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Environment & Society

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    During Assistant Professor Robin Van Meter’s on-the-water Introduction to Environmental Studies class, students aboard the College’s research vessel Callinectes used a variety of instruments to measure water quality and weather conditions, and to net, identify, measure, weigh, and record a variety of fish.
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    After Dr. Marcus Eriksen of the 5 Gyres Institute and students trawled in the Chester River for plastic trash, Kathy Thornton ’13 examined some finds under a microscope. Microscopic plastic pollutes oceans and waterways worldwide.
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    Carl Hershner, Director of the Center for Coastal Resources Management and Associate Professor of Marine Science at the Virginia Institute of Marine Science, was recently featured in the Bay Journal discussing adaptive best management practices for the Chesapeake Bay.
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    On October 24, 2013, Washington College took part in it’s first Food Day! Food Day is a nationwide celebration of local and sustainable food, with a mission to get more healthy food in schools and on campuses across the country.
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    As an installment in the Center for Environment and Society’s “What Can I Do With My Environmental Studies Degree,” WC alumna Jenn Vervier ’90 gave a lecture on sustainability and her position as Director of Strategic Development and Sustainability with New Belgium Brewing Company.

    Sponsors included the Business Management Department and the J.C. Jones Program in American Business Leadership.
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    The Center for Environment & Society organized a trip for the Student Environmental Alliance to support a day of service at Blackwater National Wildlife Refuge.
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    The SANDBOX program launches its first exhibition featuring famed sculptor, John Ruppert.  Faculty, students and community members alike flocked to Kohl Gallery to see the works and get to know a little bit more about the program.
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    Pictures from the many events that were “Earth Week 2013” at Washington College!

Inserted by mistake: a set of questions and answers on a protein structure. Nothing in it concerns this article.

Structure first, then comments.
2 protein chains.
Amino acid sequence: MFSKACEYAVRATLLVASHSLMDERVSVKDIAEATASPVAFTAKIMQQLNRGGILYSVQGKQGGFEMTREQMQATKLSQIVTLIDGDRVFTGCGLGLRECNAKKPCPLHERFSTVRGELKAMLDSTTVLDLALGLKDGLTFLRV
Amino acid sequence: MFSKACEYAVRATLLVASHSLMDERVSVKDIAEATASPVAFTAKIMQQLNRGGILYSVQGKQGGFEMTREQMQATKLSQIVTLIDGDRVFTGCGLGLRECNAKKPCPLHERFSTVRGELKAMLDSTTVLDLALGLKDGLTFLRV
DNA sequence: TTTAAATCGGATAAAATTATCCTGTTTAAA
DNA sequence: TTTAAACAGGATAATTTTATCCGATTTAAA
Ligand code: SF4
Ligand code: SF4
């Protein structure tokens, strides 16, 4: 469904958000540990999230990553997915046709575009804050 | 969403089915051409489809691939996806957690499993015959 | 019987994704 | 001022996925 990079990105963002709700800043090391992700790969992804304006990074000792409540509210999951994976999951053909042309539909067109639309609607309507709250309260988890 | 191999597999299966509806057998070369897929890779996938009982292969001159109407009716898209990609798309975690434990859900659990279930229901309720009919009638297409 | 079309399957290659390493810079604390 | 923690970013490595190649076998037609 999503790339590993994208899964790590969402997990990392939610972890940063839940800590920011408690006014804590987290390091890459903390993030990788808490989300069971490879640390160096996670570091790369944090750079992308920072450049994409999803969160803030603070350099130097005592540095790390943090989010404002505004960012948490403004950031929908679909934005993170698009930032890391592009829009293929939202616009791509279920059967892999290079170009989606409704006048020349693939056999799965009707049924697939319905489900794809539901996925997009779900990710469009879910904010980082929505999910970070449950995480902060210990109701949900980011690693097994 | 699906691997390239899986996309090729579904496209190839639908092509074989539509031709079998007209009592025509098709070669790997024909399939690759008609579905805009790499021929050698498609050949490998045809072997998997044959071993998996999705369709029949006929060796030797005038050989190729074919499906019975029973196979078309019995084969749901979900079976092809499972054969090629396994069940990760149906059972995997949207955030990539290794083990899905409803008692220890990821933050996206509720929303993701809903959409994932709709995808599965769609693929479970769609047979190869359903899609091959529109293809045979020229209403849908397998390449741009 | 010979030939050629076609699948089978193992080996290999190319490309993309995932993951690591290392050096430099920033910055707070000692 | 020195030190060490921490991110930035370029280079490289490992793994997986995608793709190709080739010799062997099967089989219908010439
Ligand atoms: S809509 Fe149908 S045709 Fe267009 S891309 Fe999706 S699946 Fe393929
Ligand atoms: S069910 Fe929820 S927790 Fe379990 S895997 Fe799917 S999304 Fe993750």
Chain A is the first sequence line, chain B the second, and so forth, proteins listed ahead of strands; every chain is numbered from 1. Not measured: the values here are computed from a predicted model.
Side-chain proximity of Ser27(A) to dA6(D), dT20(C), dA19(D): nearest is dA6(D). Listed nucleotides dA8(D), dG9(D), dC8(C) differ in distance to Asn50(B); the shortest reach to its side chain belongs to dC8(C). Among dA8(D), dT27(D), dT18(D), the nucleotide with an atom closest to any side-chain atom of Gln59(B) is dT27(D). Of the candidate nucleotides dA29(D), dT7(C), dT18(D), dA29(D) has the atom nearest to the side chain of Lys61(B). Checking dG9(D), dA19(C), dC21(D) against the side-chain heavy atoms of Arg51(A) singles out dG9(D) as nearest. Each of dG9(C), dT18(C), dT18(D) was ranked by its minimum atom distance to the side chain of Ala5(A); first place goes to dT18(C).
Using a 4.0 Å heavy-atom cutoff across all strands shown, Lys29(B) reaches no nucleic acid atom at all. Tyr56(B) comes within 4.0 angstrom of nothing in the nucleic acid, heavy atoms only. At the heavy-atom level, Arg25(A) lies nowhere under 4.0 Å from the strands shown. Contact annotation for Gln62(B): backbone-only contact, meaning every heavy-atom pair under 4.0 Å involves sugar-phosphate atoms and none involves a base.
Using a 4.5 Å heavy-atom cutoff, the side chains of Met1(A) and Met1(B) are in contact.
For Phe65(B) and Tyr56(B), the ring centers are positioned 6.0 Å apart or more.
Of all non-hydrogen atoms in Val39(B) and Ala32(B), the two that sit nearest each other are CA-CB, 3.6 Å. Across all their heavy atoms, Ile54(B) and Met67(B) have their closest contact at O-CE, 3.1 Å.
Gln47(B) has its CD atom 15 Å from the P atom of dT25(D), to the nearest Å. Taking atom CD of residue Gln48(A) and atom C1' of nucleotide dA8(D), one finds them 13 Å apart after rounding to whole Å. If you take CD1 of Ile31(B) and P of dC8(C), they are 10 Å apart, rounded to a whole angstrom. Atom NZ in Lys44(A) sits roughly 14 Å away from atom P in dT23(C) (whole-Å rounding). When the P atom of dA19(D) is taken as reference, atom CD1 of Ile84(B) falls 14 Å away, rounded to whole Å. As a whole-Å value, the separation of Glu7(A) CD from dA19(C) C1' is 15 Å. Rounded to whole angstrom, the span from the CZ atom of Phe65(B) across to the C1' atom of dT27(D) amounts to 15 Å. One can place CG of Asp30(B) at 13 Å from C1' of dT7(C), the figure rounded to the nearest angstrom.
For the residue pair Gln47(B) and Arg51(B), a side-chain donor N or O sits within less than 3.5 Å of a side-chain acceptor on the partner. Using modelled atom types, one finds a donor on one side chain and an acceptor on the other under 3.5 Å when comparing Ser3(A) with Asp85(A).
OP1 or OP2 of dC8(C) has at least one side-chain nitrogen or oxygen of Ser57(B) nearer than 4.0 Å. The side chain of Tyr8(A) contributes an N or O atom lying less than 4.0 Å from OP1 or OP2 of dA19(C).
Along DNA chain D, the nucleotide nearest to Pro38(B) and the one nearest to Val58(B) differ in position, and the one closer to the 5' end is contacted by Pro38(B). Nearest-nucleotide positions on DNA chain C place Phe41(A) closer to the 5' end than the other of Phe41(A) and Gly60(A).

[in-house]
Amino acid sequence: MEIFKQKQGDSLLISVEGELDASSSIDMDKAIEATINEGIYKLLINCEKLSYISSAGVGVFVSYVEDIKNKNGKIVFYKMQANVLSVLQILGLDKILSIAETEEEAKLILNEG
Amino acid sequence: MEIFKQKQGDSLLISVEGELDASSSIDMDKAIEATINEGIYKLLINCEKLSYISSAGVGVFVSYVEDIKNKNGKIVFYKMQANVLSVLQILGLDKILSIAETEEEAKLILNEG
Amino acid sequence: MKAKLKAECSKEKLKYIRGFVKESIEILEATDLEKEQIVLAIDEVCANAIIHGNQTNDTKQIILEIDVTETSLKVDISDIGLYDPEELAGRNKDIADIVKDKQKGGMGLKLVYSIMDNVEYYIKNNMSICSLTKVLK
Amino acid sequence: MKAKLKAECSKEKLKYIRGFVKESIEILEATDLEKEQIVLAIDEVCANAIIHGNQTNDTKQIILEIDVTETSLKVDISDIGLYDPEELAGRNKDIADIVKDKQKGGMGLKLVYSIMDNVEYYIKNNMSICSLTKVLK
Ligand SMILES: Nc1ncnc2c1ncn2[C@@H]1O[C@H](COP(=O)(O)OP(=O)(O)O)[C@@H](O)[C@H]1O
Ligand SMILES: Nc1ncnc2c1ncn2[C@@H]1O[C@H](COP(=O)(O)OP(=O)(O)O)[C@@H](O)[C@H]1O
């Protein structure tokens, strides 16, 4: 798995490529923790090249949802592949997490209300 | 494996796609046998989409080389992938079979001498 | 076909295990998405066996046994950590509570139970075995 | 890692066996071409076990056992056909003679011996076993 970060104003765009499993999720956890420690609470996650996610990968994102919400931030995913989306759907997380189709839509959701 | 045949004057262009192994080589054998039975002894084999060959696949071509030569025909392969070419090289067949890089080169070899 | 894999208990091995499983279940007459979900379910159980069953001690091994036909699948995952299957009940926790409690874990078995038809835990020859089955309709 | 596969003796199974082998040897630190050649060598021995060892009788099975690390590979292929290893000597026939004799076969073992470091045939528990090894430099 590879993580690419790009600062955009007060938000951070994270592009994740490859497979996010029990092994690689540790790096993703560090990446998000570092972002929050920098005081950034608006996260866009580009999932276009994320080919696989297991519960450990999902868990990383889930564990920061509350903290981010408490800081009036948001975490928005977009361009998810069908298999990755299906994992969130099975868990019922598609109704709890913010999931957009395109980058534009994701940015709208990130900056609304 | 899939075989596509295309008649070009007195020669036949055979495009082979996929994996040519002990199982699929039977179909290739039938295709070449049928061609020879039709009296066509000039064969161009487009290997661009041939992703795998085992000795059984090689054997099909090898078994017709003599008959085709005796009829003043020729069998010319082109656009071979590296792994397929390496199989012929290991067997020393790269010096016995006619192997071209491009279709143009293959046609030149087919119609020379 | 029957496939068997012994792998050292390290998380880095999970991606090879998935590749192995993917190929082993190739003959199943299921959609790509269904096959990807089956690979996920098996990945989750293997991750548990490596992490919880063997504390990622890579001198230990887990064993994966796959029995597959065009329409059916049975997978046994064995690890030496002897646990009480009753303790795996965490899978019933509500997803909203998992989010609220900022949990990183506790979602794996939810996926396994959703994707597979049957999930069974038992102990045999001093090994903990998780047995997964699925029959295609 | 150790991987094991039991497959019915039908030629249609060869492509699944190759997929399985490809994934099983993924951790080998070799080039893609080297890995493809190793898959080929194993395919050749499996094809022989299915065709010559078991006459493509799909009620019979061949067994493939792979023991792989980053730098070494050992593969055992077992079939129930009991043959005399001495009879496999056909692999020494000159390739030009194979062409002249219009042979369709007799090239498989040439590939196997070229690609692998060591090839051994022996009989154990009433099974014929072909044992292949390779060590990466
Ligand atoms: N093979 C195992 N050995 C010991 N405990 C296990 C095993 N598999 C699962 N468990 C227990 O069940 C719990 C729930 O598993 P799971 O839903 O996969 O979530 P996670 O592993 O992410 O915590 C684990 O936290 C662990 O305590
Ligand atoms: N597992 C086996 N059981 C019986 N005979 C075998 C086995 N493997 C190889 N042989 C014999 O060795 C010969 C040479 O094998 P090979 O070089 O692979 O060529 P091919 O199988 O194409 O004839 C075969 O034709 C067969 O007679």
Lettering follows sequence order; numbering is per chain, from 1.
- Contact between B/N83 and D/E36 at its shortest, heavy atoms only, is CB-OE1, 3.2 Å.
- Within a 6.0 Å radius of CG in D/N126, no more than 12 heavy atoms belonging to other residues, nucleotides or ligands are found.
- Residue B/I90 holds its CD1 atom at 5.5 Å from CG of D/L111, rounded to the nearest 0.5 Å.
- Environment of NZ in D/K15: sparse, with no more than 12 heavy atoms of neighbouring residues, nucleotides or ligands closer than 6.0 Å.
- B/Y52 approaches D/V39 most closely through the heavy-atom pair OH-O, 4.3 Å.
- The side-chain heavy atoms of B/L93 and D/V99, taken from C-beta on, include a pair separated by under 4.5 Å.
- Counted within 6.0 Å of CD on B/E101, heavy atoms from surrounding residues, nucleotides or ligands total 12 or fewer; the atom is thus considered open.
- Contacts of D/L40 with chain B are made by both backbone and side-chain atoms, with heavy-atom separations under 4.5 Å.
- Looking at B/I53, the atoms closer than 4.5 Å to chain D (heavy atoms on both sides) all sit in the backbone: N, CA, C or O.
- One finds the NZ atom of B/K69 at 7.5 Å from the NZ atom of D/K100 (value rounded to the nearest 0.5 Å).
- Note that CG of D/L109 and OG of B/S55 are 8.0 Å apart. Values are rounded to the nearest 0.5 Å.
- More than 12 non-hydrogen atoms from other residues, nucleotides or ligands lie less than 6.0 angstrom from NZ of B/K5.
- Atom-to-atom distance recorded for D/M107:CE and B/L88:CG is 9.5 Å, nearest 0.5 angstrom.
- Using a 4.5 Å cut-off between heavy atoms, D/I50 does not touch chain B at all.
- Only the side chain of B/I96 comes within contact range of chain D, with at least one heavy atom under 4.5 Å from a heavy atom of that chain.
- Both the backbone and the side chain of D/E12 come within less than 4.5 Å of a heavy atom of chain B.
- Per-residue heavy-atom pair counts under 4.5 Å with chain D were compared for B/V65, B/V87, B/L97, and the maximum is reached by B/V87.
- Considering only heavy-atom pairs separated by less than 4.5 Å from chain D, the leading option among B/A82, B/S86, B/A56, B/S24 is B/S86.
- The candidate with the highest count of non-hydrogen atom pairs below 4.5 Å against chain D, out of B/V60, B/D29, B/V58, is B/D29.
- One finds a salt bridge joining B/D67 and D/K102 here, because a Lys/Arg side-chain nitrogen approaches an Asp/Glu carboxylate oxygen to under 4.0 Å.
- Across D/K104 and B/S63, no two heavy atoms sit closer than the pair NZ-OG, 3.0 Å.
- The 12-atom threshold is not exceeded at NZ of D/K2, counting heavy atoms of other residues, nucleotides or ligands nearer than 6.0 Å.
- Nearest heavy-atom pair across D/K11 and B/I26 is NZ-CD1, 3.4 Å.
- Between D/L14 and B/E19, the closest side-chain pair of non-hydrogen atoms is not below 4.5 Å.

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    This year’s Locavore Lit Fest kicked off at Evergrain bakery with a cheese making demonstration as well as a talk by Jim Weaver, author of Locavore Adventures. There was also a selection of wines and cheeses produced and provided by local farms such as Crow Farm and Cassinelli Winery.
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    Images from the 2013 Burger Night at Unity Nursery. Proceeds from this event go to fund the annual Locavore Lit Fest, which is coming up in March! 
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    To kick off Earth Week, Dining Services hosted a cooking competition in which three dishes are prepared without meat or gluten.
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    Dr. Hazel Barton, world-renowned cave microbiologist, spoke about the epidemic of white nose syndrome in bat populations in the eastern United States. The talk was streamed live (http://new.livestream.com/washcoll/bats) and sponsored by the Center for Environment and Society and the National Speleological Society.
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    Select photos from the Chesapeake Semester 2012!
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    Volunteers and visitors show off Eastern Neck National Wildlife Refuge. 
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    Northern Saw-whet owl banding at Foreman’s Branch Bird Observatory has been extremely successful this fall, with more than 250 birds banded to date. On November 15, several owls were examined and documented.